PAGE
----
we have invented ourselves into environments that are relationally disrespectful, that are relationally impoverished, let me just talk about this for a second. i'll come to early childhood in a minute. these are obviously inter-related, but one of the most powerful things that we have going for us as a species, is our capacity to form and maintain relationships. human

beings, in the natural world, are slow, we don't have any natural body armor, we have no poisons that we can use, you know, we're not that fast, we are known to the other predators in the natural world as "meat on feet," a little prehistoric joke there, alright so, but the only way we've survived on the planet was by forming working groups, by literally creating a

larger functional whole, in fact, the lowest divisible unit of evolution for our species, isn't the person, it's the clan, it's the group. we are neurobiologically designed to live, work, play, die in groups. and in the natural condition in which human beings lived, for 99.9% of the time we've been on this planet, we've lived in multifamily, multi-generational groups. and in those

groups, we live together, the concept of private space was very odd, it didn't exist. there was more touch, more conversation, more eye contact, there was more relational interactions. in fact, if you were a child under the age of 6, and living in a typical hunter-gatherer clan, or later on, a typical multifamily group, the number of developmentally more mature individuals,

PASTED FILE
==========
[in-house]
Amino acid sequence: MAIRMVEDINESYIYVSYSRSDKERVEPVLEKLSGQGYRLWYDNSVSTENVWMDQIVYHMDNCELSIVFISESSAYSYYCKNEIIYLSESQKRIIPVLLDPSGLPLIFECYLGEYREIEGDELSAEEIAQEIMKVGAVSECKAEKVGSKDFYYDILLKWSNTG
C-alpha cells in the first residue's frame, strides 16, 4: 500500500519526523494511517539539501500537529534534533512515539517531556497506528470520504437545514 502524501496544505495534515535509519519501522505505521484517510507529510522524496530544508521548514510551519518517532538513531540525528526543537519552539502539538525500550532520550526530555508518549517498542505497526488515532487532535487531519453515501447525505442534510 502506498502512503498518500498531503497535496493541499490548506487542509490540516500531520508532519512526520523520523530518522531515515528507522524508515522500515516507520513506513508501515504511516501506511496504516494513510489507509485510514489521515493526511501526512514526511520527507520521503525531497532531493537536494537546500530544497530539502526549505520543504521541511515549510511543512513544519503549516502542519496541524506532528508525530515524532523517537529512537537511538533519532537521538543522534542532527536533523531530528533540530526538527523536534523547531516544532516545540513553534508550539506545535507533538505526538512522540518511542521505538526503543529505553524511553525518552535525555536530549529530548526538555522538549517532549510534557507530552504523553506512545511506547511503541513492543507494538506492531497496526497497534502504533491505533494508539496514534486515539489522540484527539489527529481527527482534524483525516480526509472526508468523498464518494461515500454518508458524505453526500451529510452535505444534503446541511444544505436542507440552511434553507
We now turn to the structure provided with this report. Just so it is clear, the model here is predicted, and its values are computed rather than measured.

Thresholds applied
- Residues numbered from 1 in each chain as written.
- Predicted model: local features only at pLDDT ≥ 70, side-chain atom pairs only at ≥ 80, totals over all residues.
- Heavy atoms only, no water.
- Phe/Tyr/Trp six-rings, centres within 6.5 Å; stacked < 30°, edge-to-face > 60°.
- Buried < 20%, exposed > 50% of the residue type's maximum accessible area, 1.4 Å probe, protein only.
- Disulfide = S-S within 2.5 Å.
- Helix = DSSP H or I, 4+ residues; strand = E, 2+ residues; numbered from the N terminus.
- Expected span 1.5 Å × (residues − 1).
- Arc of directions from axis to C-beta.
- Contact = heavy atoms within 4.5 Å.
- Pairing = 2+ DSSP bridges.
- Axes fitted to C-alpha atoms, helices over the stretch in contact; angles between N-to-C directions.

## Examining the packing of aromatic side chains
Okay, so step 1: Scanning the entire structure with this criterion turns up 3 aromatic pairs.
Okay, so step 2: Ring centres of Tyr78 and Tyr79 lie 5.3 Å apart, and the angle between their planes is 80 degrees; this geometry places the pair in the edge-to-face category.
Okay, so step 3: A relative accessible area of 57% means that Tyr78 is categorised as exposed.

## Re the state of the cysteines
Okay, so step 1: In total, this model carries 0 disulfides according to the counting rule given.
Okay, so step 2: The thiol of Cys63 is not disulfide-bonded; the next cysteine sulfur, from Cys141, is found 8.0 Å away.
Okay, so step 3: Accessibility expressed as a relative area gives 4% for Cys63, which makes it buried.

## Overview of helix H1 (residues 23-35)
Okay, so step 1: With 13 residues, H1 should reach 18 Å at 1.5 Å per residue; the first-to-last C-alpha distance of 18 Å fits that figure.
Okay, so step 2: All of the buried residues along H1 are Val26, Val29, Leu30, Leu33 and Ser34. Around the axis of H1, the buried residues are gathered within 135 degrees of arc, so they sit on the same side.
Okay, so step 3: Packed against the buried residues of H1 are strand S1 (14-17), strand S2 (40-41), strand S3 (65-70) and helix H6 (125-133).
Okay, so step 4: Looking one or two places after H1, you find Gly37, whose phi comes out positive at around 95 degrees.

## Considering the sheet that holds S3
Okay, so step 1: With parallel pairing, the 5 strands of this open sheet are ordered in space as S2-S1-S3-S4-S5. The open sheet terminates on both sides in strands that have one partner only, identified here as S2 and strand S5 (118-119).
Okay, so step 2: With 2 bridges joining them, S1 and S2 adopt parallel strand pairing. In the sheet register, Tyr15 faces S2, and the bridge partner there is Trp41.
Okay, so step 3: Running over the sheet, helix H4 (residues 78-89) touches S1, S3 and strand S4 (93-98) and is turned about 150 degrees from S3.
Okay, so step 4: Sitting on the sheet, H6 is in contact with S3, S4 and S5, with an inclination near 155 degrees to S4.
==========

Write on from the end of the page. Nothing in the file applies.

who would be present in your life, to help you grow up, to nurture, to model, to educate, to discipline, was four to one. we now think it's an incredibly enriched early childhood environment to have one teacher and eight kids. and it's not unusual to have one teacher and twenty kids. and as kids get a little older, one teacher and thirty kids. so we have an incredibly

relationally diluted model for parenting, for childcare, for education. and i'll talk about the consequences of that in a minute, but let's keep exploring this. so we've got fewer people in our lives, right? the average size of a household has been shrinking, in the last u.s. census, 1/3 of the households in the u.s. had one person. but if this is where we started, by 1500